Backup Strategy for Carbon Copy Cloner

Discussion in 'OS X El Capitan (10.11)' started by komatsu, Feb 8, 2017.

  1. komatsu macrumors 6502

    Sep 19, 2010
    Backup Strategy for Carbon Copy Cloner

    Ok, you perform a backup with Carbon Copy Cloner (or Super Duper)

    Then next week, you back up again? But after a few more weeks. The disk will probably fill up to capacity?

    What strategy do you recommend?
  2. Weaselboy Moderator


    Staff Member

    Jan 23, 2005
    It depends on how you have CCC's Safetynet feature configured. If you have it off (that's what I use) it will just straight up clone the internal to the external, and anything on the external that is not now on the internal will be erased, so the drive will not fill up. If you have Safetynet on, then modified and deleted files will be moved off to a separate folder on the external drive and saved, and over a long enough period of time the drive will start to fill up. There is a Safetynet Pruning feature you configure to start purging that old data when the drive reaches a certain point.

    IMO CCC is more of a clone tool and not that great for keeping versions of files with that Safetynet feature. I use Time Machine for backups and versioning, then CCC for a straight clone without Safetynet. I also use an online backup for my Users folder.

    Attached Files:

  3. komatsu thread starter macrumors 6502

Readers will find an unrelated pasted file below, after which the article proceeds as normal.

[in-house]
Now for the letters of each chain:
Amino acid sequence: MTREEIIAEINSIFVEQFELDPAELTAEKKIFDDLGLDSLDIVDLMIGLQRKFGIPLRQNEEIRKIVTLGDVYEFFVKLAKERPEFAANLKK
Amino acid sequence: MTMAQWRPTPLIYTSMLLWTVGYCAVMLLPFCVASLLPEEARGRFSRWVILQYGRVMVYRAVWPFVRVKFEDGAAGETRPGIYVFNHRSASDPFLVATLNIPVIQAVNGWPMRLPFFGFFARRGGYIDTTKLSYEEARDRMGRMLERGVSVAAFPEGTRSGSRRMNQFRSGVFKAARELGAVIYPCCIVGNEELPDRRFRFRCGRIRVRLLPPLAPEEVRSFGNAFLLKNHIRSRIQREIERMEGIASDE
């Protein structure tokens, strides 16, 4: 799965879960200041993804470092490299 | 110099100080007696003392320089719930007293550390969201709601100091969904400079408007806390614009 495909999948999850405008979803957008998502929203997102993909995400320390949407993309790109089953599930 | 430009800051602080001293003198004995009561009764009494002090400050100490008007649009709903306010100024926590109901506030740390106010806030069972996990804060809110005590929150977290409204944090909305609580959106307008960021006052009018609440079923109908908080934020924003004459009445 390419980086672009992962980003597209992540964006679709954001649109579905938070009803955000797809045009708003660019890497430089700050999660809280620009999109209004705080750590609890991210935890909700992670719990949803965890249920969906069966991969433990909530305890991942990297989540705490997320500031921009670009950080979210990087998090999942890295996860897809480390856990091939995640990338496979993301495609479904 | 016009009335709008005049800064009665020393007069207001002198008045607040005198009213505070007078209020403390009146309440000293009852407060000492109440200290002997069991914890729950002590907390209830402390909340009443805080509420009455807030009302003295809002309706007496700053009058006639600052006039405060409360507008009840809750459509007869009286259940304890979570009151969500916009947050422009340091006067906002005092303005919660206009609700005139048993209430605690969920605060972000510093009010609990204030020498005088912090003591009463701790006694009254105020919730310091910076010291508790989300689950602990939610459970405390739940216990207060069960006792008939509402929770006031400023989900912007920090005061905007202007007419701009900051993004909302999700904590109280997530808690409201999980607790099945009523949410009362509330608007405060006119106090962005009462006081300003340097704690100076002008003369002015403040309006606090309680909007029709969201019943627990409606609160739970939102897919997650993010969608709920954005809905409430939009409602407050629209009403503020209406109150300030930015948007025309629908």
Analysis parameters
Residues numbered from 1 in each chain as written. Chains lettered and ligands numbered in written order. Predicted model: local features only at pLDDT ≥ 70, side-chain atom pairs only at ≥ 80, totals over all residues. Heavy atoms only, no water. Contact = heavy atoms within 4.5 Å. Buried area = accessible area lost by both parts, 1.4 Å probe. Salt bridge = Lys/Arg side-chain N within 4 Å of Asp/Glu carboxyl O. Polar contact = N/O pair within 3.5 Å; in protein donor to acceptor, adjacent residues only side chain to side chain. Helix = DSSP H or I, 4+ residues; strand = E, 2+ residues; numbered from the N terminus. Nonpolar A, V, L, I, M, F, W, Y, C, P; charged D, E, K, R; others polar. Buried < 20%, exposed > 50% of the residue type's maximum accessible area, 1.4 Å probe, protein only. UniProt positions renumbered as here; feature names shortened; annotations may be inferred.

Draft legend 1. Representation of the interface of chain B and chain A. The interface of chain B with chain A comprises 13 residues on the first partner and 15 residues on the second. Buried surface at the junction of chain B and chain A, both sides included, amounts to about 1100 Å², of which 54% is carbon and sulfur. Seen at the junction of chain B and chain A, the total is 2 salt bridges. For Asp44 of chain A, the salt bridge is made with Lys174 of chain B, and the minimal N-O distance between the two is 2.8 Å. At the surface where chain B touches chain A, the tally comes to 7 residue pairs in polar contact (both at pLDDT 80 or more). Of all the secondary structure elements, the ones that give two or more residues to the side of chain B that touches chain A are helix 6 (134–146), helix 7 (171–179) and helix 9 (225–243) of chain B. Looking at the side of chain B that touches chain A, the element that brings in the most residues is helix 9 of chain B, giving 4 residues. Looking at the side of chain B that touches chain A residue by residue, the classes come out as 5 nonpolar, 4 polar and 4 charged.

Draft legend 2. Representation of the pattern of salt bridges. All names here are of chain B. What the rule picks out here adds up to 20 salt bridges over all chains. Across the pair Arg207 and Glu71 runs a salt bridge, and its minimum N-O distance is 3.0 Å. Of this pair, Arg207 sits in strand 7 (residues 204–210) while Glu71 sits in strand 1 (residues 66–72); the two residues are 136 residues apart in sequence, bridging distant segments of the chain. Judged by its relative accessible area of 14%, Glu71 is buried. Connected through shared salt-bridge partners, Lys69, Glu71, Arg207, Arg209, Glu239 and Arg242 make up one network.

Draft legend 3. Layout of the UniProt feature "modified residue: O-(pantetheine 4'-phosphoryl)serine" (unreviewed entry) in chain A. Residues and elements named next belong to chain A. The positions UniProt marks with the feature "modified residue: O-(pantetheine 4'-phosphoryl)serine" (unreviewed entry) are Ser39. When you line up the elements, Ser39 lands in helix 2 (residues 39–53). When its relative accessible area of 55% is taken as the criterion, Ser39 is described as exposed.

Sep 19, 2010
    Thanks WB for explanation and a picture does paint a thousand words.

    How does Time Machine handle old backups?
  4. Fishrrman macrumors G5


    Feb 20, 2009
    komatsu wrote:
    "Then next week, you back up again? But after a few more weeks. The disk will probably fill up to capacity?"

    You have it 180 degrees backwards.

    Neither CCC nor SD will "fill up a drive" the way that Time Machine does.
    Quite the contrary, both will keep a backup drive at a manageable size for a LONG time.

    The best strategy for CCC (or SD) is to do incremental backups quite often.

    During an incremental backup, CCC (or SD) will examine the source drive vs. the target, and then copy ONLY THE CHANGED FILES, REPLACING the old versions (of the changed files) on the target drive. The older file gets deleted leaving only the newer version.

    Do it this way, and the backup drive will never occupy "more space" than does the size of the source drive.

    Be aware that you can use CCC to "archive" older versions of files. When you do this, old files WILL NOT be replaced by the newer version, but moved into an archive folder.

    I don't use this feature myself. Seldom (almost never) have I wished I had kept an earlier version of a file around. I want the file "as last used" by me.

    I do a CCC clone of every partition I use once a week.
    For my "main" partition (that contains my critical data), I'll also do a backup when anything major has changed.
    CCC's incremental backup completes in about 30 seconds or so...

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